Thursday, May 2, 2013

Rachel Whiteread, Absence

Rachel Whiteread’s casts are kind of fantastic in my eyes. The interpretation of them obviously varies based upon who is looking at them, but i see them as a very interesting take on the passing of time and how historical space and artifacts are looked upon in the modern era. For example, in class we looked at her work House (1993), which is a concrete cast of a victorian house. It was placed in a spot where an old Victorian house used to exist, but was torn down. The stark, concrete interpretation of what once was not only emphasizes the absence of the old house, but also provokes an analyzation of what it means to leave old artifacts behind. In Philosophy, we talk a lot about negative space, and the idea of nothingness. By creating this artificial house, Whitehead is in some respects eliminating the nothingness that was left behind by the old house, as well as emphasizing the absence of time passed. The philosophers such as Hegel, Schelling, Sartre, and Heidegger who speak a lot about what nothingness and absence are, would have quite a time discussing what Whiteread does.

After reading about Whiteread’s works, I actually discussed her casts with one of my professors for the class I am taking on Existentialism. We discussed how there is an interesting play between existence (as the old Victorian house was), nothingness (when the house ceased to exist), and creation (the cast). The cast only carries significance because of it’s past. In addition to the philosophy aspect which is concerned with nothingness mainly, Whiteread’s casts also give an interesting nod to history. What we create today is only really holds its value (and our interest) because of something that it reflects,repeats, or negates from the past.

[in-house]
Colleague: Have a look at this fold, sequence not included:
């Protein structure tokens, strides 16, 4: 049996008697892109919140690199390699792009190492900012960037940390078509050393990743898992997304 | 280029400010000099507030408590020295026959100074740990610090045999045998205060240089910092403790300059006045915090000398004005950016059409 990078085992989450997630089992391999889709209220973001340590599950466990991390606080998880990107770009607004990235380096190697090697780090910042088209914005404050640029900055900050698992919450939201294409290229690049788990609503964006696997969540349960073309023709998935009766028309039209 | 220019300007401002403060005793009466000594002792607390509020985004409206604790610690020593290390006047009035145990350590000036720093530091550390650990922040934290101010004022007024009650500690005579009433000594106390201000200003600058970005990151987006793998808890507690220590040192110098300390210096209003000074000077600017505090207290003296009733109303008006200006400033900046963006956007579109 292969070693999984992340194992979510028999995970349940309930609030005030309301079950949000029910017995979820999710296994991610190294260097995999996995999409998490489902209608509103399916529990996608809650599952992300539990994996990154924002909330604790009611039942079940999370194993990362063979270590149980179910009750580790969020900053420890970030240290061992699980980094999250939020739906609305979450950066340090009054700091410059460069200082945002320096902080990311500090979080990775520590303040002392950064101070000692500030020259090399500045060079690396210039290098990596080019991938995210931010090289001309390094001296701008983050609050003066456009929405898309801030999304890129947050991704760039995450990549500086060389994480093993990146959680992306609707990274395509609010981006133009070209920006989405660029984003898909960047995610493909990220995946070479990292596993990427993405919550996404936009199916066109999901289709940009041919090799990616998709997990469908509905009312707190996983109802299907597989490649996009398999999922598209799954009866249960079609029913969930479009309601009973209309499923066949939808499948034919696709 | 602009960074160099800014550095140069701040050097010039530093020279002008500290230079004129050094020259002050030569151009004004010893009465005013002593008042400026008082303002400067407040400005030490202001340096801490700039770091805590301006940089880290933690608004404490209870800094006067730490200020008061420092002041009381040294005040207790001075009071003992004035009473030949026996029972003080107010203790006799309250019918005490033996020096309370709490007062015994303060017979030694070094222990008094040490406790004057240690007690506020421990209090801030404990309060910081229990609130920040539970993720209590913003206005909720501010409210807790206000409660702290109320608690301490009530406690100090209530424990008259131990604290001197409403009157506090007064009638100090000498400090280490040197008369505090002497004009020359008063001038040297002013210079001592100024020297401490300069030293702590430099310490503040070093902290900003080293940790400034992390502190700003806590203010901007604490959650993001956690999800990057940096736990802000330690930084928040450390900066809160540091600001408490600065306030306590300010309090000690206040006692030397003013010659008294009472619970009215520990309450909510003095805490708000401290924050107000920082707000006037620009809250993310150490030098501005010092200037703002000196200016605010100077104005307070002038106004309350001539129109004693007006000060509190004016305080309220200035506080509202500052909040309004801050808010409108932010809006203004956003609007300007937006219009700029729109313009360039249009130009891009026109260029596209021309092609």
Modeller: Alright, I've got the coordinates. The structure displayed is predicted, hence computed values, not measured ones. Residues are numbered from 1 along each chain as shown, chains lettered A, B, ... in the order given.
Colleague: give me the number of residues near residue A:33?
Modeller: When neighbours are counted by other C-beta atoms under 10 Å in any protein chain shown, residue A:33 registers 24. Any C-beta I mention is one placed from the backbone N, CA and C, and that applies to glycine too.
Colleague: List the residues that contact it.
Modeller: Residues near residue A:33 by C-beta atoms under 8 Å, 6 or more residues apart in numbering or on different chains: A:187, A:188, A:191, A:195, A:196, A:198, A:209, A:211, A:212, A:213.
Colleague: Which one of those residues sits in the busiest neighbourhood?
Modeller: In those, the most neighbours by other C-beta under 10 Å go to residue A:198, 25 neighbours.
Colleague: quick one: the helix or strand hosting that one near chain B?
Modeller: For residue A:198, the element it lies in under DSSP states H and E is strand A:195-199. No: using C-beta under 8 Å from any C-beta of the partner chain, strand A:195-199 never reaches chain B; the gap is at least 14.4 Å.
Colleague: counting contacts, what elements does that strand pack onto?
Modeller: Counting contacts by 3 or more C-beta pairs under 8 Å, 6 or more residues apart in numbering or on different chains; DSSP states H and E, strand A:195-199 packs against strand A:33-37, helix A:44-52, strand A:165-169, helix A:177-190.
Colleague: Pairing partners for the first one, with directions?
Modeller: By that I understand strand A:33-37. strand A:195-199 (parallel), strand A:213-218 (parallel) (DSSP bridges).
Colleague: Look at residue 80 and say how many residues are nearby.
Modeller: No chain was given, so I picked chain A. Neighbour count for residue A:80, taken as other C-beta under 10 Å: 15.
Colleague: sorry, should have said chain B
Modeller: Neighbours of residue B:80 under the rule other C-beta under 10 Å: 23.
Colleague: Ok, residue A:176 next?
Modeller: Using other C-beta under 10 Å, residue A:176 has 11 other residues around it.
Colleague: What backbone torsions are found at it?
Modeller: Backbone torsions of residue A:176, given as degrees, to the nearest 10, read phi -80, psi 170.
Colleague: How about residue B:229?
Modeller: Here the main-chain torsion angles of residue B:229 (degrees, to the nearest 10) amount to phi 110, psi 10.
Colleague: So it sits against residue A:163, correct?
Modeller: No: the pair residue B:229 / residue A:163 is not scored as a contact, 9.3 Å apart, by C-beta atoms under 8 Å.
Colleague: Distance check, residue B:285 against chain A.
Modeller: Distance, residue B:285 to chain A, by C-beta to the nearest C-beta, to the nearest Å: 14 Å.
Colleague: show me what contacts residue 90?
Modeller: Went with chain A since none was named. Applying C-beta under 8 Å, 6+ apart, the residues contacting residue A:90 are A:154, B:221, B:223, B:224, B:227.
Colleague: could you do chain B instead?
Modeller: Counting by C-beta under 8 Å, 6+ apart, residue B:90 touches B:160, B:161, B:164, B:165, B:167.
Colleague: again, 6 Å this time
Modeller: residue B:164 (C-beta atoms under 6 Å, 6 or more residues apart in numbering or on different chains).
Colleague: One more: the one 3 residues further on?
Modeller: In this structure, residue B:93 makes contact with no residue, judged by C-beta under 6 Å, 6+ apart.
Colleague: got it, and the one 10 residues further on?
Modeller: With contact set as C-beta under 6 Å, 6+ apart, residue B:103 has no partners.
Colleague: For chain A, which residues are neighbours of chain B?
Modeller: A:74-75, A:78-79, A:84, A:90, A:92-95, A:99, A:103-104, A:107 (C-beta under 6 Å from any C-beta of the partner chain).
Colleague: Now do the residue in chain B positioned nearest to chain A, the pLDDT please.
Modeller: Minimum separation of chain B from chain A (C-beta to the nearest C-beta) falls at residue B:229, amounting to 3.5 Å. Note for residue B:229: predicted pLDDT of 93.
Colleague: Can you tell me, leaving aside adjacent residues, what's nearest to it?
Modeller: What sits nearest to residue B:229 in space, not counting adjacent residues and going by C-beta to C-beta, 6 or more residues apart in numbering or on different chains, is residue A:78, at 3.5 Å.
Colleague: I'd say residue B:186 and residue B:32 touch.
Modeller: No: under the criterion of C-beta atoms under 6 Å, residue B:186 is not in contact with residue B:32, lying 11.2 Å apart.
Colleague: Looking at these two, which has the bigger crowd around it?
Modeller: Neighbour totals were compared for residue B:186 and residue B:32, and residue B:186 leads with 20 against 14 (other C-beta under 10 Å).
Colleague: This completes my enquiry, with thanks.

Because of these abundant connections, Whiteread’s sculptures would be great candidates for the interactive learning space. In representations of them, students could also have a chance in some way to draw connections to other classes that they may have studied similar subjects or drawn connections to. By each student who interacts making a connection, there develops an entire web of the art infiltrating culture and vis-versa.

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